It’s no secret that in the past I have opened up about my experiences with anxiety attacks. This subject is one very close to my heart and one that will always remain so. As sassy’ and light hearted as the majority of my other posts are, this is a little bit more of a serious one, so apologies in advance. It was about a year ago that I wrote a post on how to deal with anxiety and while I don’t want to repeat myself and bore some of you, I feel it’s so important to continue bringing awareness to anxiety by sharing my story with you all and reminding those of you that perhaps do suffer with anxiety, that you are by no means alone – we’re in this together Queens. There was a time where I didn’t know why my physical symptoms were coming on and why, after every night out and having no alcohol, I would spend the night, and the majority of the following day, hanging my head over the toilet. Of course, like any sane person, I was curious as to what the hell was going on and why this was happening, but out of pure embarrassment I allowed it to continue for a good four years before addressing the real problem – looking back, this was the most ridiculous thing I could have done but hey, we all make mistakes don’t we.
A few summers ago it got to the point where, because of the associations I had built up, I couldn’t even go out for a meal and be around alcohol because it would trigger an anxiety attack. I’m sure you can imagine the frustration that came alongside this, especially when, the why is this happening was the real question mark. I think, with any problem that you don’t know how to solve, it’s the fear of not knowing how to fix it that really gets to you and this was a prime example of that. Had I actually attempted to understand and go out of my way to find answers, I would have been able to help myself a lot quicker but of course, at the time, you can’t see that. After finally opening up about it and going to the doctors, I found myself with therapist (not baby). Before initially going, I can remember saying to everybody around me that there’s nothing they could say or do that would help but, all of my doubts aside, I went. I don’t know why, but I felt like there was a negative connotation attached to therapy, like if I was to go, I would be openly admitting that I was ‘crazy’. Admittedly, this was a really naive and stupid thought to have as so many people go and have therapy to help themselves and gain an alternative and perhaps, more professional perspective on things and situations.
I want to start off by pointing out that I am by no means a psychologist (obviously) but I found that Cognitive Behavioural Therapy genuinely helped reduce my anxiety attacks. I had six sessions that basically involved talking through when they began, what the symptoms involved, how often they happened and my general history. The aim of CBT is to change the way you think and behave and to help you overcome overwhelming problems in a more positive way by breaking it down into smaller, more manageable parts. In each session, we broke down the problem into separate parts such as the physical symptoms I was having, my feelings before and after it occurred and my actions. I don’t know why, but seeing it all broken down made it far less complex and being able to actually identify what was happening (something I hadn’t known for years) did make it much more manageable.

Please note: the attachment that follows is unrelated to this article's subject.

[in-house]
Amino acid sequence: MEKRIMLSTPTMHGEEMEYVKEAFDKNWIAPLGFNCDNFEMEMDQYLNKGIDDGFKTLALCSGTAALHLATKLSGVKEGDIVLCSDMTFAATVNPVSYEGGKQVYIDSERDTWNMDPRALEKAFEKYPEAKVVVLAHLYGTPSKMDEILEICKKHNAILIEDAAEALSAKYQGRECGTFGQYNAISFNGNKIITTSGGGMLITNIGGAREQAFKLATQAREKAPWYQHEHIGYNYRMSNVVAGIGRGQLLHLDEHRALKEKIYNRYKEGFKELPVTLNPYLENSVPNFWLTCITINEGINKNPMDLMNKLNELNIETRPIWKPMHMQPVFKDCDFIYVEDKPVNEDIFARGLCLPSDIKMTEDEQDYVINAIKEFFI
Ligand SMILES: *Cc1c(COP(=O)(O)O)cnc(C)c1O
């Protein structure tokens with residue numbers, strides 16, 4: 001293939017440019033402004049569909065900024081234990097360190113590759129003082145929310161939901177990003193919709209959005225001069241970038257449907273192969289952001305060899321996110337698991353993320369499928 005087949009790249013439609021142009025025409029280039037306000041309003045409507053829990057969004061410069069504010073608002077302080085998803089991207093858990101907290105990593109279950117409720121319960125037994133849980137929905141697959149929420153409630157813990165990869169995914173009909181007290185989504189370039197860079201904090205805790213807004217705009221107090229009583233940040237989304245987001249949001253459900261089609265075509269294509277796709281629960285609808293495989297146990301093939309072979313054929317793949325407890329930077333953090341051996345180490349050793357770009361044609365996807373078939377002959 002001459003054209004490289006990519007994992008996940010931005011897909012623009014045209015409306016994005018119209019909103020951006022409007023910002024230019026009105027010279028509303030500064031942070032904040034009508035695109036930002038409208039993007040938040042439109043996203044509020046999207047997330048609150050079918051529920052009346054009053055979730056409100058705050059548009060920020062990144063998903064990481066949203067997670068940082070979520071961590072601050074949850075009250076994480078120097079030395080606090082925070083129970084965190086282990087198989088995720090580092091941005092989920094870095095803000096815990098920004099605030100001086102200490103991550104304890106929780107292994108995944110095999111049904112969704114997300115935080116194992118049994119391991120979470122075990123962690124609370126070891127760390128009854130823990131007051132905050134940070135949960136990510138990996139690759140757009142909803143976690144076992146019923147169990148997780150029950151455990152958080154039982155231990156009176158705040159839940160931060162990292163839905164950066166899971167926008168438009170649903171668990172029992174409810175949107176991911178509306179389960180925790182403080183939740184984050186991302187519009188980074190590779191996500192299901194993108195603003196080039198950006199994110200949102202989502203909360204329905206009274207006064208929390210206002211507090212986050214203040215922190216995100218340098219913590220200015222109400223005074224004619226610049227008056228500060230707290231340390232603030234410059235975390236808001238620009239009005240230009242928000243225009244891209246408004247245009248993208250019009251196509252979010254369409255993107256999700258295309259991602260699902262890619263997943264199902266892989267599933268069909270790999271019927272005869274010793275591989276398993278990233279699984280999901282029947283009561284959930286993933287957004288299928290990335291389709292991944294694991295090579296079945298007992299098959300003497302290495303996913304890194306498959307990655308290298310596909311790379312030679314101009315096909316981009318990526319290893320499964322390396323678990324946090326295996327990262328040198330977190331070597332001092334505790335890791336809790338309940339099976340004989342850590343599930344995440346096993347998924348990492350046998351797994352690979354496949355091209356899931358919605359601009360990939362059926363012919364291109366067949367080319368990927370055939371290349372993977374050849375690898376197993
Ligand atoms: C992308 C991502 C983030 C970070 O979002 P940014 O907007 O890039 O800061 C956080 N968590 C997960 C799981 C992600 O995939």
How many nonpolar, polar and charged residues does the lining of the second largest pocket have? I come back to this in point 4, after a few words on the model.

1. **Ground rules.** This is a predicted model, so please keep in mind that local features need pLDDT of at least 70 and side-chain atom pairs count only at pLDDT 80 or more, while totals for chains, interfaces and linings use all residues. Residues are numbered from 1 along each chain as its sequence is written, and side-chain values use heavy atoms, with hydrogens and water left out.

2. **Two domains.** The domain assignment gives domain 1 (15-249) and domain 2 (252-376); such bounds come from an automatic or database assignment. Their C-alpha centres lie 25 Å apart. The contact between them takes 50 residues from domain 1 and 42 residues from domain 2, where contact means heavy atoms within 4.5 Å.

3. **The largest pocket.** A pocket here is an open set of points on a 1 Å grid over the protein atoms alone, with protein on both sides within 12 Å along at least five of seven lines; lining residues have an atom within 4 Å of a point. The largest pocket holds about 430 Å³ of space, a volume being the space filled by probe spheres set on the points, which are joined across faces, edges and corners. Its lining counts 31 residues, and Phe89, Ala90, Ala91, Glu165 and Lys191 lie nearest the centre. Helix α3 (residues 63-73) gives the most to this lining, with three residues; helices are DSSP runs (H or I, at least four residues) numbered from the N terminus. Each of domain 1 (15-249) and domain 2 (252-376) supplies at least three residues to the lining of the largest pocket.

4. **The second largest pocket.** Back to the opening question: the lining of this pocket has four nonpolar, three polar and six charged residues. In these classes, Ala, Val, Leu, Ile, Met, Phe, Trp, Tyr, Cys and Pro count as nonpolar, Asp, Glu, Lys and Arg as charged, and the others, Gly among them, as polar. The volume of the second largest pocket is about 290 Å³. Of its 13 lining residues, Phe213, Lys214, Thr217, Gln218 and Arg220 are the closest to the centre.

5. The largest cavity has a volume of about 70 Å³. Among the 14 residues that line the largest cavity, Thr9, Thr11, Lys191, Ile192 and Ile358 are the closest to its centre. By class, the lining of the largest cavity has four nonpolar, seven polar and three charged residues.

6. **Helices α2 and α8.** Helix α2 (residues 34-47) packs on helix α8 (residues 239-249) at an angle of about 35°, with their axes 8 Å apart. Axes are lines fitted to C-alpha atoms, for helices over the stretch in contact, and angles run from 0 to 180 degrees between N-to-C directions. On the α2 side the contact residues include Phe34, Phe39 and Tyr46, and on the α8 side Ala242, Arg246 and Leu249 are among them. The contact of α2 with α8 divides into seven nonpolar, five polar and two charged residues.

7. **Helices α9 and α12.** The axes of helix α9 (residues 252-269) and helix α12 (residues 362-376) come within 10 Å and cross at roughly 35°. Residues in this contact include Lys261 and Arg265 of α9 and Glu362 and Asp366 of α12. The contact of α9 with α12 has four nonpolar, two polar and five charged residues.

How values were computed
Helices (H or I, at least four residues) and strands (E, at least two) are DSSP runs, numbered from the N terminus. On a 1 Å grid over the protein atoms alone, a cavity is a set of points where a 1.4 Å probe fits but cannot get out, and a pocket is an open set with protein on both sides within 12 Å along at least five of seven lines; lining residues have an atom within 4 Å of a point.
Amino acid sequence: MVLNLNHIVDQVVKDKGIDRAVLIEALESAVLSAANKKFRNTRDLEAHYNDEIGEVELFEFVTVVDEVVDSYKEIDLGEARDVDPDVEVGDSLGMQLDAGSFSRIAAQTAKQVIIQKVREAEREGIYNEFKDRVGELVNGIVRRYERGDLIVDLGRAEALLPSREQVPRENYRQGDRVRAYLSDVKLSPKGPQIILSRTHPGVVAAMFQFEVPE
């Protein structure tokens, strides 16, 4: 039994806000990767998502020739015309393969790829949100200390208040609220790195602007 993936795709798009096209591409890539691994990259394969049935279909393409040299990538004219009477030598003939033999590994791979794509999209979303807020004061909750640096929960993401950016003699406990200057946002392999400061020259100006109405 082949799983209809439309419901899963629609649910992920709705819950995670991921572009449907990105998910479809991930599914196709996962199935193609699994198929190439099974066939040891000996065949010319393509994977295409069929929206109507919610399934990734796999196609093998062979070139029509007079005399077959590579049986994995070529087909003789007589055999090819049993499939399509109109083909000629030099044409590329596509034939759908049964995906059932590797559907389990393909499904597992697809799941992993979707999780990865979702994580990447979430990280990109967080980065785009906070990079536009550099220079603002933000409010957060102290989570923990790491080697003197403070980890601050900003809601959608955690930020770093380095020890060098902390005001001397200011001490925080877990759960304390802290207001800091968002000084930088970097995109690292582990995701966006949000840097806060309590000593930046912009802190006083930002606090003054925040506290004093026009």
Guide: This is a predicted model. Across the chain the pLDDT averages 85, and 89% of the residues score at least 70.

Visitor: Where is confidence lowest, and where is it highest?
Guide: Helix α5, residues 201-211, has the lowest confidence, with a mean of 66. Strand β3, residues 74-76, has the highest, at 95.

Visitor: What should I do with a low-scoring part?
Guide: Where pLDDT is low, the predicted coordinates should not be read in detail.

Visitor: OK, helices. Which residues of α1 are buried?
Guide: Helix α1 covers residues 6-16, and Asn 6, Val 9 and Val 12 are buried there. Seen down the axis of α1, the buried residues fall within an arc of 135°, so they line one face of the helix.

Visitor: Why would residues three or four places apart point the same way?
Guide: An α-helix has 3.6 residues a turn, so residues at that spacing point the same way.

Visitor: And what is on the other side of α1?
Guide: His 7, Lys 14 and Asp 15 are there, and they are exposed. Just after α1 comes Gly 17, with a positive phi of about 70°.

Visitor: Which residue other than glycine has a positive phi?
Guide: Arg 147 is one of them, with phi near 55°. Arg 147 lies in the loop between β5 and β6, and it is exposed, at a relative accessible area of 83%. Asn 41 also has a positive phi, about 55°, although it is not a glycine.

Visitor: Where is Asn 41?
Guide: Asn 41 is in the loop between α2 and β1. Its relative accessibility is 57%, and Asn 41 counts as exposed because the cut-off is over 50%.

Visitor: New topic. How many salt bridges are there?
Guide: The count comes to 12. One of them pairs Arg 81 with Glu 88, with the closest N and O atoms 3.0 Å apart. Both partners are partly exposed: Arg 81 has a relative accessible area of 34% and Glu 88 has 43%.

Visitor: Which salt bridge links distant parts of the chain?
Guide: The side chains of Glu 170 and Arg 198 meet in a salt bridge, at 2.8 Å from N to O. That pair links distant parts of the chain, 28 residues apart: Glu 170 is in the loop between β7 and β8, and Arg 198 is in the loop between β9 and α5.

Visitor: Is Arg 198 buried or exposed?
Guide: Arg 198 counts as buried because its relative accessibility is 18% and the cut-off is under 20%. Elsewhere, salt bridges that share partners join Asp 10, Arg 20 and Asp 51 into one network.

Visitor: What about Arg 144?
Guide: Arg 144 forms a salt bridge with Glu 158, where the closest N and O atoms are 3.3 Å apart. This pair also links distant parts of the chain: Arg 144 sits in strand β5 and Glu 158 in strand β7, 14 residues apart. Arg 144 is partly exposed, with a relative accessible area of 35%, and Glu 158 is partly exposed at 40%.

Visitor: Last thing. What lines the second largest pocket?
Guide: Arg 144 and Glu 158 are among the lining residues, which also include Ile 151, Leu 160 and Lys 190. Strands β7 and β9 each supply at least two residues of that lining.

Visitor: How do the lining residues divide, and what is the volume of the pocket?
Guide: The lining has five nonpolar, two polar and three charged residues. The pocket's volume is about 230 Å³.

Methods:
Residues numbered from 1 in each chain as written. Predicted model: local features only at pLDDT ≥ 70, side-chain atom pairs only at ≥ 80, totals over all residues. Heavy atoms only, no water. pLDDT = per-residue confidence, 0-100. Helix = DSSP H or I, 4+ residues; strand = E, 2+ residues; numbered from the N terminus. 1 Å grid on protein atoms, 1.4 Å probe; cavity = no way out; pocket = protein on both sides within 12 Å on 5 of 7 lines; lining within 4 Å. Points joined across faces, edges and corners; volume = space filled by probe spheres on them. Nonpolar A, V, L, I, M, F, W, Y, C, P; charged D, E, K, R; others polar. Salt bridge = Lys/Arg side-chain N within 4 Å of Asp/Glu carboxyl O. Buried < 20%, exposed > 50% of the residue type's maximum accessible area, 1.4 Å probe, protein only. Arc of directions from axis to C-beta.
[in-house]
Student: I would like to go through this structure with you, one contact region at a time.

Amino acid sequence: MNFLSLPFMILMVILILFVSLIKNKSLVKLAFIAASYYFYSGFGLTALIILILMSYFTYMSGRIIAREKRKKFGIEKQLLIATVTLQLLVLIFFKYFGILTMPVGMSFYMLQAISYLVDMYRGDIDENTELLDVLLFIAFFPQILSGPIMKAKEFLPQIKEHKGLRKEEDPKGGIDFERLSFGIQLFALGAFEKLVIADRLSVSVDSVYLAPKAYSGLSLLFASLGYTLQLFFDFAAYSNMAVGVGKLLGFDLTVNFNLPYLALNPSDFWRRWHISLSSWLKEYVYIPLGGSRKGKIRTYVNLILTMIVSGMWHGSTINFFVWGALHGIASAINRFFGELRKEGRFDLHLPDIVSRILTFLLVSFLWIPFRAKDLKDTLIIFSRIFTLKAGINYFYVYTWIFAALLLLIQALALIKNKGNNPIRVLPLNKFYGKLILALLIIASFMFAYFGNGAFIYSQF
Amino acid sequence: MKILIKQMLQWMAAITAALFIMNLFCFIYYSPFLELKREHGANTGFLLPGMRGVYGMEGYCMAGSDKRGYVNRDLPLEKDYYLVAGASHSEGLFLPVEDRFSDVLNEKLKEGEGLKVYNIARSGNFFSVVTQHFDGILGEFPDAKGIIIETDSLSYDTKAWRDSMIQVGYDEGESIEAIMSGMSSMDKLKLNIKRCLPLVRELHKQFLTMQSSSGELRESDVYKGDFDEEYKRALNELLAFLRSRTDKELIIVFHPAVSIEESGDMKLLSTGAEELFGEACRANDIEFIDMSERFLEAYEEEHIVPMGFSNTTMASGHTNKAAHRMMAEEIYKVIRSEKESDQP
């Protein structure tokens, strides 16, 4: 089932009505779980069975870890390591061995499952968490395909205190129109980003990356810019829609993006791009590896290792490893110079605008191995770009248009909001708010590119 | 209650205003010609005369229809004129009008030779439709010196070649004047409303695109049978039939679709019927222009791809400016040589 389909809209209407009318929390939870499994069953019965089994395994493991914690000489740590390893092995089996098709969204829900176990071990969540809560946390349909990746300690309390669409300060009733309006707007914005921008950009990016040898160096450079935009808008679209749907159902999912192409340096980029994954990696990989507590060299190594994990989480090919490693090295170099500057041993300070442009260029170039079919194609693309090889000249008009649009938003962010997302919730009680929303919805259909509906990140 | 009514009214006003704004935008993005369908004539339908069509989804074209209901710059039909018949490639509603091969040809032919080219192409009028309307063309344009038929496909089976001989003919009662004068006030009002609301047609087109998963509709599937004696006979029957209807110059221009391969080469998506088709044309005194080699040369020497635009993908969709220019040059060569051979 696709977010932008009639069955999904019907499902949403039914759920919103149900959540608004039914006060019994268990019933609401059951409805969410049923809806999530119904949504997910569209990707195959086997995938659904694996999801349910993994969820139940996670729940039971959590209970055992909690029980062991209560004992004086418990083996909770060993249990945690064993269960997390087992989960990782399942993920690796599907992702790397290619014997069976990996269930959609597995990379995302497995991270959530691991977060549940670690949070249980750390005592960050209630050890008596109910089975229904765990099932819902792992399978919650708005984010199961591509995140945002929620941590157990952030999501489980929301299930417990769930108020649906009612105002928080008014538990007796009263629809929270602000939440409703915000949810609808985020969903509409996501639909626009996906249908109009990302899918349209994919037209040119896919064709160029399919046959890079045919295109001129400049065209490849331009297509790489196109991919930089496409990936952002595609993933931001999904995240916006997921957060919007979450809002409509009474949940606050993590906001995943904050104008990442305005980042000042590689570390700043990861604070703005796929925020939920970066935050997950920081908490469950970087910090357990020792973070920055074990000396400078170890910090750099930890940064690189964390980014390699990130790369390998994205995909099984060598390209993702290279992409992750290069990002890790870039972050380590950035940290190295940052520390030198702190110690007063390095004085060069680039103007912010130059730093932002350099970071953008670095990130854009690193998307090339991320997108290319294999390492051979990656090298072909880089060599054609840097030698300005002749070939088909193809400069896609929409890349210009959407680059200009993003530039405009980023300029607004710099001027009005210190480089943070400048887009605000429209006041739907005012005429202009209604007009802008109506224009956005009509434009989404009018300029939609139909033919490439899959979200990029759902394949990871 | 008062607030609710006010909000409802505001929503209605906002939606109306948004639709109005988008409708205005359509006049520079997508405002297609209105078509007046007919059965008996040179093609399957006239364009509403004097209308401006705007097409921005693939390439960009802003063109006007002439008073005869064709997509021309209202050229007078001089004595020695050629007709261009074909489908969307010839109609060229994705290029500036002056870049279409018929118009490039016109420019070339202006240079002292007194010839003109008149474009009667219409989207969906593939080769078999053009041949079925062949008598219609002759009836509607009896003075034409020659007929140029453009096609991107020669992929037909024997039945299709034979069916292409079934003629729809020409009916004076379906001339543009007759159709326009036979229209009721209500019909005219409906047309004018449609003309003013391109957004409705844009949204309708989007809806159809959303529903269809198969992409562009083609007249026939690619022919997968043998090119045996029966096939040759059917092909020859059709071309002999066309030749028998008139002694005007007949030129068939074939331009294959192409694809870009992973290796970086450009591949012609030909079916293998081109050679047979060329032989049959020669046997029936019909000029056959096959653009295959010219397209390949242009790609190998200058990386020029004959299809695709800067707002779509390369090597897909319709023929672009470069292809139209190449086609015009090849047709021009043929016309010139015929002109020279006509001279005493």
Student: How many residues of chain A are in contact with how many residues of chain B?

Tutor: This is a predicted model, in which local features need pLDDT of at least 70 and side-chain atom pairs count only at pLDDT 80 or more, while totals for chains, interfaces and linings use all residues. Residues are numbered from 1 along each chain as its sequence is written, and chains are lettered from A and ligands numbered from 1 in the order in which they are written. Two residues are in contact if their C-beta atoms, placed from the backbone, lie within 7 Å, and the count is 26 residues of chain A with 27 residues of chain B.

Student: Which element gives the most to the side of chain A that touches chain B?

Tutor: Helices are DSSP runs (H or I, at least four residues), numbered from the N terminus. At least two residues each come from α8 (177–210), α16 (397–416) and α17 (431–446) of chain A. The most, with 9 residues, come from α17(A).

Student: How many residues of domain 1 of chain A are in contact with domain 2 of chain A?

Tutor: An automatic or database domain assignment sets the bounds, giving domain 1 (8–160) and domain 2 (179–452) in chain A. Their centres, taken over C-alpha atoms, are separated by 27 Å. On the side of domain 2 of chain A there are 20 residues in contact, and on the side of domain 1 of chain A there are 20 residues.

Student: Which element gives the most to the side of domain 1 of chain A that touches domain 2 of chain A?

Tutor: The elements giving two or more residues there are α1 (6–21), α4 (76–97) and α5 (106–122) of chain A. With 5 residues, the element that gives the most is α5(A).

After each session, I was told to go away and focus on one of the things that I had associated with anxiety attacks and try and expose myself to it (at a level I felt comfortable with). When you have an anxiety attack, the place, the time, the people that were there, even what you were wearing at the time can all become something that reminds you of when you had the anxiety attack. At that point, you are pretty much screwed as this then can trigger you to have another one. It sounds so obvious and stupid when you see it written down but whether people believe it or not, sometimes you can’t control your mind and what it’s thinking. Incidentally, your body is then in fight-or-flight mode, which to break it down is a physiological reaction that your body has when it thinks it is in danger. Your adrenaline then kicks in and that’s essentially what causes you to have an anxiety attack. Would I have known or understood this had I not been to a therapist? No, which makes me grateful that I actually got my shit together and went to see somebody. After a few months of exposing myself to situations and things that I had built an association around, alongside advise on what to do to help calm the anxiety attacks, I found myself confronting them head on and breaking that connection I had made. It actually got to a point where, I had been out for dinner and drinks, gone to bed and woken up the next morning thinking, ‘What the f, I didn’t have an anxiety attack’. At this point, I knew I had made some serious progress and could, to put it bluntly, carry on with my life. A year and a half on, it’s actually become a rarity that I suffer with anxiety attacks. Don’t get me wrong, if I’m in a really intense situation I can feel it coming on and if I was to go into a club on a Saturday night it could trigger one, but, as an every-day thing I have found (touch wood) how to mange my anxiety.
Whether I am ‘cured’ so to speak, is another question, and one not even I could answer, but a year on I am in a much better position than I was and I’ve given a middle finger to anxiety. For anybody not knowing what the next step to take is, I would definitely advise speaking to a professional and somebody that has a lot of experience in helping reduce the effects of anxiety. If, like I was, you are embarrassed, I can honestly hold my hands up and say that I can see where you are coming from, but, since speaking openly about it, it really isn’t an abnormal or strange thing, there are so many people that have similar experiences and it shouldn’t by any means be a censored topic.